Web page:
12 Pros and Cons of Working for Yourself
Over the past few months, we have been talking about all sorts of Second Acts. From completely changing career paths to starting your own business. Today, we want to focus on the rewards and drawbacks of starting your own business and working for yourself. The pros and cons of working for yourself are plentiful, but with nearly 10 million people in the US self-employed in 2022, according to the US Bureau of Labor & Statistics, it is worth considering.
There are myriad industries and pathways to explore if you are interested in working for yourself. You can focus on a specific skill you have, such as baking, accounting, gardening, painting, writing – the list goes on. Many people leverage the skills they have developed over their career to launch their own related business. Others go all-in on their hobby, opening a catering service, etsy shop or photography business.
But even if you don’t have specific skills, you can still find a way to work for yourself. Opening a franchise or buying an existing business can be great opportunities. Taking on work that others don’t want to do or don’t have time to do, like cleaning, organizing, child care, walking dogs, courier service, and virtual assistants can also be highly in demand.
No matter what type of self-employment you are seeking, you need to go into it knowing all of the pros and cons of working for yourself.
Benefits of Working for Yourself
Freedom and Flexibility
Being your own boss allows you to schedule your time in a way that works best for you. No more asking permission for a day off or to make a doctor’s appointment. If you want to coach your kid’s sports team, you can schedule your day around it.
Set Your Own Pace
You can scale up or down as much as you need, based on your comfort level and your budget. If you are unsure about certain areas of the business, you can move slowly, easing your way in. If you have the time and energy (and confidence…and budget), you can race ahead. Regardless, you are in charge and get to set the pace for your business.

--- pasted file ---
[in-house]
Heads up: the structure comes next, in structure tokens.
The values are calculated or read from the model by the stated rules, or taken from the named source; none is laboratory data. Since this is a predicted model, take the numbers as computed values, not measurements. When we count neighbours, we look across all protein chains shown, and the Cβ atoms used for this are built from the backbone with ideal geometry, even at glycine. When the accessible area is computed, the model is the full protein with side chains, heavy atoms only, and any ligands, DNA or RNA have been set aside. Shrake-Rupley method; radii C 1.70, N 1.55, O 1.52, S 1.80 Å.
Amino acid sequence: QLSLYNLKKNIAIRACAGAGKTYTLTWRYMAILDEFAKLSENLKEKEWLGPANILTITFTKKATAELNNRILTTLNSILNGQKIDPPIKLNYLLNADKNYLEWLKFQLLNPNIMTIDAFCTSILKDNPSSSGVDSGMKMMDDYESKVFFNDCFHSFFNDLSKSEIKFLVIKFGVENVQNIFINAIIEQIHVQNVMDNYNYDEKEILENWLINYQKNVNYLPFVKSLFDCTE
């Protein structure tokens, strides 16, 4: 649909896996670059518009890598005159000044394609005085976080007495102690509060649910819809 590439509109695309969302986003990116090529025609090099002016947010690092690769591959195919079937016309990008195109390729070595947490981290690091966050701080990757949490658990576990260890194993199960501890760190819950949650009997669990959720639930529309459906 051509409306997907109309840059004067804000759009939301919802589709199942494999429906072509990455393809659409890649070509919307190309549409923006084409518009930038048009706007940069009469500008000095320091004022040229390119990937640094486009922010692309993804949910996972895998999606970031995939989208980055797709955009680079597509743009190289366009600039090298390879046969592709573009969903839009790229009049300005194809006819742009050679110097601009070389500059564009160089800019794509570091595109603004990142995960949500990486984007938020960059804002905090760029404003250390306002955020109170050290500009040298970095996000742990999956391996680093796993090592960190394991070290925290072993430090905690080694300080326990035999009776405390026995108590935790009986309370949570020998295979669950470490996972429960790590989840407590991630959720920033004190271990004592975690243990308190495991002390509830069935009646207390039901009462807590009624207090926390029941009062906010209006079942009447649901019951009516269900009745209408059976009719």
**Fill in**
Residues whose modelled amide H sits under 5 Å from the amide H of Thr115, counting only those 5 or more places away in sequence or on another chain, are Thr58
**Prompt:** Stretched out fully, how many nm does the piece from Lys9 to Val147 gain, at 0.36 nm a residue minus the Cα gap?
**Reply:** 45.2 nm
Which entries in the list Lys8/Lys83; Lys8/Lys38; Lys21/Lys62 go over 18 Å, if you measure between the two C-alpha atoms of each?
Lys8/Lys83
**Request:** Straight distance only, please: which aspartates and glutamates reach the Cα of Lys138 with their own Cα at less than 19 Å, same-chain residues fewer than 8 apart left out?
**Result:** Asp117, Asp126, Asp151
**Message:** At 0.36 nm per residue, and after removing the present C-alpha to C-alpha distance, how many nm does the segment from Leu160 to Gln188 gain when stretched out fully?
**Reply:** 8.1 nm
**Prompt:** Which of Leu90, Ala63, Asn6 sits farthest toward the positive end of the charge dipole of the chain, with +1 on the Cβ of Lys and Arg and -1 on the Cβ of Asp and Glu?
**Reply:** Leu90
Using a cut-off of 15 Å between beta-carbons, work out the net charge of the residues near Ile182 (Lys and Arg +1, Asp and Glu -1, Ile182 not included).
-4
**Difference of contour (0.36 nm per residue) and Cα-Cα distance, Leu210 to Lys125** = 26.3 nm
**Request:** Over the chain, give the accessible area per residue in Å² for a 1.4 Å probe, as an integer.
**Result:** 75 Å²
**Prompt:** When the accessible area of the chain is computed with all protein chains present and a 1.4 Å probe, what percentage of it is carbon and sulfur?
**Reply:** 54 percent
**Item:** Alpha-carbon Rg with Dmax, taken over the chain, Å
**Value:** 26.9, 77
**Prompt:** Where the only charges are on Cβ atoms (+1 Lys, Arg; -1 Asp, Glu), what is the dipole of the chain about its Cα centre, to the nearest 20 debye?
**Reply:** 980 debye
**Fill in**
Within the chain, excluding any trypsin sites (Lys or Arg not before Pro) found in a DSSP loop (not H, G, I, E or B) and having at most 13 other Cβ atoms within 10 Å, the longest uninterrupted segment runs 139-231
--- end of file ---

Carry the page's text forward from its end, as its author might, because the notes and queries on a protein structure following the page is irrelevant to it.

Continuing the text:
Pride and Job Satisfaction
Choosing how and where you spend your time goes a long way towards overall job satisfaction. Knowing that you built something from your own brain and effort engenders a sense of pride that building upon someone else’s ideas can’t match. Being able to look at what you have accomplished at the end of the day or year and know that it was your baby is truly an awesome feeling.
A Boss You Like
Just an assumption here, but when you work for yourself, at the very least you are going to agree with all the decisions and direction of the company. Second-guessing and micromanaging is gone. As a self-employed person, you are the start and end of all decisions, be them strategic, creative, or otherwise.
Set a New Standard
If you thrive in a more formal, scheduled environment – Great! If you prefer to work in your comfiest clothes, it’s up to you. Hard deadlines, hours, pacing, hustle…all of these can be modified to what works best for you AND how you work best.
The reins are in your hands. You decide which projects or clients you take on, how much you charge. If you want to travel or work in an office. Do you want to hire employees, or freelancers and consultants, or just go it alone. You can decide whether you want to work on a lot of little clients or a few larger customers. Do you want be an online business or need a retail space. All of the decisions, big and small, are yours to make. You can shape the company or working environment around your preferences.